This Art Deco building was completed in the 1930s by H. S Lee a philanthropist who made his fortune in rubber and pineapple plantations. The Lee Foundation is now based in Singapore and operates multi-million dollar educational programmes.
5. Kwong Siew Association and Guan Ti Temple
The Association was established in 1886 by Chinese migrants from the prefectures of Kwong Foo and Siew Foo, Guandong Province, and is still active in many countries. The buildings were completed in 1888 and include a free school and the Taoist temple of Guan Yu, God of War, God of Chivalry and Prosperity, Guardian of the Brave, Loyal and Righteous. Guan Yu is also a protector of the Buddhist dharma.
6. Sri Maha Mariamman Temple
Reputed as the oldest and richest temple in Malaysia, Sri Maha Mariamman was founded in 1873. Unfortunately, the old temple was razed in 1973.
7. Old High Street Police Station
In operation from 1885 to 1995, when the building made of timber was declared a fire hazard...
8. Old Victoria Institution
The Victoria Institution (V. I.) is an exclusive secondary school for boys which has begotten a good number of sultans, ministers and other members of Malaysia's elite. The school opened at this original location in 1894. The brick and timber building, designed by A. c. Norman, resembles an English cottage with gothic lines. The school moved in 1929 as the area was prone to flooding.
9. Old China Cafe
The Old China Cafe serves traditional foods from the Baba Nonya of Malacca and Penang. The cuisine is yummy and engaging in its attempt to preserve culinary traditions. Visitors holding guidebooks come here for the ambiance and the setting which has retained a mix of original furniture and decoration. The building belongs to the Selangor and Federal Territory Laundry Association which still holds meetings. If you're not hungry yet, don't worry there's plenty more places to eat along the walk.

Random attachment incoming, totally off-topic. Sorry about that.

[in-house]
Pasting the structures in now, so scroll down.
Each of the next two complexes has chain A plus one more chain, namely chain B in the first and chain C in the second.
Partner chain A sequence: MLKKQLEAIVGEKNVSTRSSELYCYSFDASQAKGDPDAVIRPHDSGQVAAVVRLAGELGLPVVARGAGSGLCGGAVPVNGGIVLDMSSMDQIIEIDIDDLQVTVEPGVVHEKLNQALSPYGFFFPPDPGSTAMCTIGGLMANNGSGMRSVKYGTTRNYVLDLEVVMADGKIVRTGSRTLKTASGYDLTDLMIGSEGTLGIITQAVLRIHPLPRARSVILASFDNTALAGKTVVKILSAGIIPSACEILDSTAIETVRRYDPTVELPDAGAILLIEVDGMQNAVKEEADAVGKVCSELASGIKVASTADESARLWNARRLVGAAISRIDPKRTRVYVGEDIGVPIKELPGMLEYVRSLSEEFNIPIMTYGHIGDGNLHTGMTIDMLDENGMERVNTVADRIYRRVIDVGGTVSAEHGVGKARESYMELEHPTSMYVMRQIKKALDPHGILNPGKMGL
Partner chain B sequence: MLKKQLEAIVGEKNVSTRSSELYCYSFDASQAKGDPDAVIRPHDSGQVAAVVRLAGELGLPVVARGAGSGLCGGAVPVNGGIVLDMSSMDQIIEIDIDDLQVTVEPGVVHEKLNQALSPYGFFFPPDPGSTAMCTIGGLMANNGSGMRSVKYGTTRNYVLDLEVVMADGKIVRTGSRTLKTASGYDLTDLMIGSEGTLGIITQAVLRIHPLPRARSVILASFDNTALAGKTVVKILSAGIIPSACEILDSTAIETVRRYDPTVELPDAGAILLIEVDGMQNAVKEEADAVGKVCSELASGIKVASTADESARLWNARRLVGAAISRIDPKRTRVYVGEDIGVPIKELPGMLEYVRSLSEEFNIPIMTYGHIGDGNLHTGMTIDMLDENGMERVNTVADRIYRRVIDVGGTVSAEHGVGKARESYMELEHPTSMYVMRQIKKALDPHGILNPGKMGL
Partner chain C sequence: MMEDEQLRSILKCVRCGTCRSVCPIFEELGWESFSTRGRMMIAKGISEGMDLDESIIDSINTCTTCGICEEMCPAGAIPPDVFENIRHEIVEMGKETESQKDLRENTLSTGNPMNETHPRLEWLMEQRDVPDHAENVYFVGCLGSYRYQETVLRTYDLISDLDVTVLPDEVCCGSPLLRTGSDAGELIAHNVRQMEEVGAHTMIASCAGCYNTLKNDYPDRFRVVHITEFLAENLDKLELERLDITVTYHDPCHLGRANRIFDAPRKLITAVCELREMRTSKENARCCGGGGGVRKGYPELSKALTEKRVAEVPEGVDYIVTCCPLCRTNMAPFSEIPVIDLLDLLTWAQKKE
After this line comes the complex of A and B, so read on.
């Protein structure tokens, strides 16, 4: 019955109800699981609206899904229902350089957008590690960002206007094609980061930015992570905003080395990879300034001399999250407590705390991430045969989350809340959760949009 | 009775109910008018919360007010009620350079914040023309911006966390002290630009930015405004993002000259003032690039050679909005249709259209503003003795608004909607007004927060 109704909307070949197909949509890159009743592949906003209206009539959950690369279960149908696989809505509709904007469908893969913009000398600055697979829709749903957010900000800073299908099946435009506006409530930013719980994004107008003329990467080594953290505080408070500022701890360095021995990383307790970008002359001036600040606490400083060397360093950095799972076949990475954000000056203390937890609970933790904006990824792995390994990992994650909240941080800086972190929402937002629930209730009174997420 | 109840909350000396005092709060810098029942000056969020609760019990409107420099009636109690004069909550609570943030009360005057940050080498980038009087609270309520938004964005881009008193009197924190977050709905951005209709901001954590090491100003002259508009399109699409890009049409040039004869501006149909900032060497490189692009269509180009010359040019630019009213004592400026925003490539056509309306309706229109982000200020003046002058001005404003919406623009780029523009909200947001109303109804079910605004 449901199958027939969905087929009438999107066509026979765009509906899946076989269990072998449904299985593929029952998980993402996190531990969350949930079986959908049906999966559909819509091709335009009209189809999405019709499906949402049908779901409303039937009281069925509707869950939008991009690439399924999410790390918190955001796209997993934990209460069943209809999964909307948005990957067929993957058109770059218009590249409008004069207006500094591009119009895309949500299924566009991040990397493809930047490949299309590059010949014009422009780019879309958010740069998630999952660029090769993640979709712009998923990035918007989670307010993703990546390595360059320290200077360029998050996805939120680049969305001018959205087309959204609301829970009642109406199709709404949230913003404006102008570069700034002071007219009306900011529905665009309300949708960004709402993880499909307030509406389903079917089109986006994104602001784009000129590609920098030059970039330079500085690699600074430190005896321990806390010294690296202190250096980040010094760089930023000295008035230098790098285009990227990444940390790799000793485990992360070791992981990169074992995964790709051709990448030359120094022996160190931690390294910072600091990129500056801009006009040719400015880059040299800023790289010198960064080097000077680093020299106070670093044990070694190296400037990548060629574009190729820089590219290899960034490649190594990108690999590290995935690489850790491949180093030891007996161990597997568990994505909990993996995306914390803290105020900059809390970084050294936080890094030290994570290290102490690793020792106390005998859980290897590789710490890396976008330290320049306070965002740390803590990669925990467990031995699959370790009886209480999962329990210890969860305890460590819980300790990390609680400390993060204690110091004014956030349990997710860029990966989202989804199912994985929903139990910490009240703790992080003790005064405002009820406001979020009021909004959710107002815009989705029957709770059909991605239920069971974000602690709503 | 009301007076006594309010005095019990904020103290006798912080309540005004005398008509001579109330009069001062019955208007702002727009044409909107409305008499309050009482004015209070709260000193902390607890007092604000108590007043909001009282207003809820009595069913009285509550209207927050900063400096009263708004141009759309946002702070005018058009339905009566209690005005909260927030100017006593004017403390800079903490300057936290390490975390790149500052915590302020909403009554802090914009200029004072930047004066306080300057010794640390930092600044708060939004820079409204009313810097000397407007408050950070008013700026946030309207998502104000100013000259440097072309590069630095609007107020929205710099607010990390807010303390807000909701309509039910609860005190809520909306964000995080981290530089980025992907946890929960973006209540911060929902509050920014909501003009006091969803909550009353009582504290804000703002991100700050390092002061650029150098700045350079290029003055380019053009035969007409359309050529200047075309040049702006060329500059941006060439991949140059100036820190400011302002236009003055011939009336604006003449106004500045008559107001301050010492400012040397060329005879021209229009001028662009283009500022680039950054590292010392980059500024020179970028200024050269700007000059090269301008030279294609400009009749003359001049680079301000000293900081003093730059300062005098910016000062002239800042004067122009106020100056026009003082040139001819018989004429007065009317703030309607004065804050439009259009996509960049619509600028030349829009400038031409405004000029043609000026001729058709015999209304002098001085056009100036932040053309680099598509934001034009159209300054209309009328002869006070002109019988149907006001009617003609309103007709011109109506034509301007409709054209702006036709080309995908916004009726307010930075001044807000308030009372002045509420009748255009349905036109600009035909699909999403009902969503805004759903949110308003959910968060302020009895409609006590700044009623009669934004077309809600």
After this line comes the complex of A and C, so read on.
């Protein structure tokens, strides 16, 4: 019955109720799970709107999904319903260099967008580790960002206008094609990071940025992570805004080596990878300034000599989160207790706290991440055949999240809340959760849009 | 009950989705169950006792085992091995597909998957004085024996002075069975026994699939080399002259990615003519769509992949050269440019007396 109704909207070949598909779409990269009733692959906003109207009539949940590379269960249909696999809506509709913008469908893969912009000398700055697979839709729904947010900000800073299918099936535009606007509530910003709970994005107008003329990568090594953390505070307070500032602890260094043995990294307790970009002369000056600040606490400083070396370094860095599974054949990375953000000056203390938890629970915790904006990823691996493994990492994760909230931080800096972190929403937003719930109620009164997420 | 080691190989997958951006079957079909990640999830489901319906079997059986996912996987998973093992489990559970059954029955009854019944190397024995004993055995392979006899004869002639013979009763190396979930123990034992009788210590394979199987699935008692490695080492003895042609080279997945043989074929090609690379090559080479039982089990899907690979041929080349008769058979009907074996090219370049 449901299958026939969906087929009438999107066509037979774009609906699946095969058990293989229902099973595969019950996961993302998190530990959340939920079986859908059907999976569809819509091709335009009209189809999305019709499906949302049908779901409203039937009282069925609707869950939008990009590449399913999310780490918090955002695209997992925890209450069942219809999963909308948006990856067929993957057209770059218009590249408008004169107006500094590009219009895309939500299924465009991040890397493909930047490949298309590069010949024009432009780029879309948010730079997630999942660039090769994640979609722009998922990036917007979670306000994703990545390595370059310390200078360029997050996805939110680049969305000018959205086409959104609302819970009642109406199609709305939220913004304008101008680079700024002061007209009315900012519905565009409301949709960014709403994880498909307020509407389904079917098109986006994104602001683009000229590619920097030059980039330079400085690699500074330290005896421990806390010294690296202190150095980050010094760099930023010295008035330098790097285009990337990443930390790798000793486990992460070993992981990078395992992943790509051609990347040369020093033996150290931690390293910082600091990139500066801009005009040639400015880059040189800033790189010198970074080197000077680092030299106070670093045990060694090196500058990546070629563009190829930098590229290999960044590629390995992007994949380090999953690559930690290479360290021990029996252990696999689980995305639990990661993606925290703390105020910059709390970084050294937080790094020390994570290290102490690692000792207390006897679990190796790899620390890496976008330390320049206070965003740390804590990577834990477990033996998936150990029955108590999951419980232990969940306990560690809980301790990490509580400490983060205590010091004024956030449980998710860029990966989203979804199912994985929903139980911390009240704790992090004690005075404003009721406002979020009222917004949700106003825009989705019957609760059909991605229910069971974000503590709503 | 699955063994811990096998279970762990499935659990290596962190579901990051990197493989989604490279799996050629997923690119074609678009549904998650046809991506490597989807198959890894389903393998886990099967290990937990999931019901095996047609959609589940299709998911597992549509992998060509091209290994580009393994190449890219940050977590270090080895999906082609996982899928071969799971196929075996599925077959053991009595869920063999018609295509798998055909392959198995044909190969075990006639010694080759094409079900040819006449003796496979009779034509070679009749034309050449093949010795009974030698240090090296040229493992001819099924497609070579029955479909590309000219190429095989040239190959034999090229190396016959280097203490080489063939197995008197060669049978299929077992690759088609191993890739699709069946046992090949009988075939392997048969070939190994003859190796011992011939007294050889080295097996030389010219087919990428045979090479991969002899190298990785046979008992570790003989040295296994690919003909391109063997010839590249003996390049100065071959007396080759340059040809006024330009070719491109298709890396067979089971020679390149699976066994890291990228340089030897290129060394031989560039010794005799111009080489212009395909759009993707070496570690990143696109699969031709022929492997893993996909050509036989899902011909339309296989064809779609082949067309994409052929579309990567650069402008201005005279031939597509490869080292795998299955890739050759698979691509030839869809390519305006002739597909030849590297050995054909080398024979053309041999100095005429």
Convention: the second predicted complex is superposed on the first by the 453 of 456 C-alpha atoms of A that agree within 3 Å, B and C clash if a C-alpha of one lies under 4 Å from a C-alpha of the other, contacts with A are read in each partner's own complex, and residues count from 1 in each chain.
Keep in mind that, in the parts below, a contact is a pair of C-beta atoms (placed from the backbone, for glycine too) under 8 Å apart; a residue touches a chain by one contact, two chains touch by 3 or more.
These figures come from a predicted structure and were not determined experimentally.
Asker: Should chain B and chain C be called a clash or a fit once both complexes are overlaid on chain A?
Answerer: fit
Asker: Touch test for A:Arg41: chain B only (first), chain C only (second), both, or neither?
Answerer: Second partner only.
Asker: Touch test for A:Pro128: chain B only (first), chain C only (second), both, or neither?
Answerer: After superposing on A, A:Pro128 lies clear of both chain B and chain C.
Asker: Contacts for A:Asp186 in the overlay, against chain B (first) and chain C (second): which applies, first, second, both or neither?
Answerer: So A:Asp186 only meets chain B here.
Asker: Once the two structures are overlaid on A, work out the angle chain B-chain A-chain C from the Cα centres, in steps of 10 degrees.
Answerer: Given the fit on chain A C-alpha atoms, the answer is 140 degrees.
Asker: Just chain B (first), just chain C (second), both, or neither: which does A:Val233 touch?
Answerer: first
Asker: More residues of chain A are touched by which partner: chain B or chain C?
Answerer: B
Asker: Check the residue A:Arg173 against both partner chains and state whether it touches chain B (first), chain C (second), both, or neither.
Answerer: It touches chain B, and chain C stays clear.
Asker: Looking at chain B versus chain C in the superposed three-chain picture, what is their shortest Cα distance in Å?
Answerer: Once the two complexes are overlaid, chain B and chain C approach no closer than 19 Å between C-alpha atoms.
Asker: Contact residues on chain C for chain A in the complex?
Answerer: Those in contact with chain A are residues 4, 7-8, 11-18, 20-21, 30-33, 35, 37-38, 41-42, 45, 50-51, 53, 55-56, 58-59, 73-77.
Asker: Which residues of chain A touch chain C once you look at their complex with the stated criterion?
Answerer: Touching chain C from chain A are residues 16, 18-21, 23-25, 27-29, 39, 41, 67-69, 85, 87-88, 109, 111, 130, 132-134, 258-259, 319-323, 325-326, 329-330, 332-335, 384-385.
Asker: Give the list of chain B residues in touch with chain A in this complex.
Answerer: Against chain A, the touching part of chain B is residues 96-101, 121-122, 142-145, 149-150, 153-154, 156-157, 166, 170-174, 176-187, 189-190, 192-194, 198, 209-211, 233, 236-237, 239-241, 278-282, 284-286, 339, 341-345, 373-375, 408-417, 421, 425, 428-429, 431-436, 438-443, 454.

10. Chan See Shu Yuen Temple
The oldest Buddhist temple in Malaysia was built in 1906 by the Clan representing the families Chan, Chen, Chin and Tan. Admire the well preserved pottery decorations and terracota friezes.
11. Yan Keng Benevolent Dramatic Association
Founded in 1920, the Association raises money for charity by performing Chinese opera. The building follows neo-classical lines.
Introduced by former Prime Minister Mahathir Mohamad, Vision 2020 calls on Malaysia to become a "fully developed country" by the year 2020. This would require an annual growth rate of at least 7% over thirty years to achieve economic prosperity. The country also faces the difficult tasks of fostering democracy and establishing a united society...>>
Kuala Lumpur's Urban Heritage
KL was born in the 1850s when the Malay Chief of Klang sent Chinese workers upriver to open a tin mine. Of the early wooden structures, nothing remains. From the 1880s, under British rule, the city developed quickly with brick buildings. Pasar Peni, the wet market, stood at the centre of town. The Chinese thrived south of this square, while the Malay lived north. The British administration clustered around the Padang...>>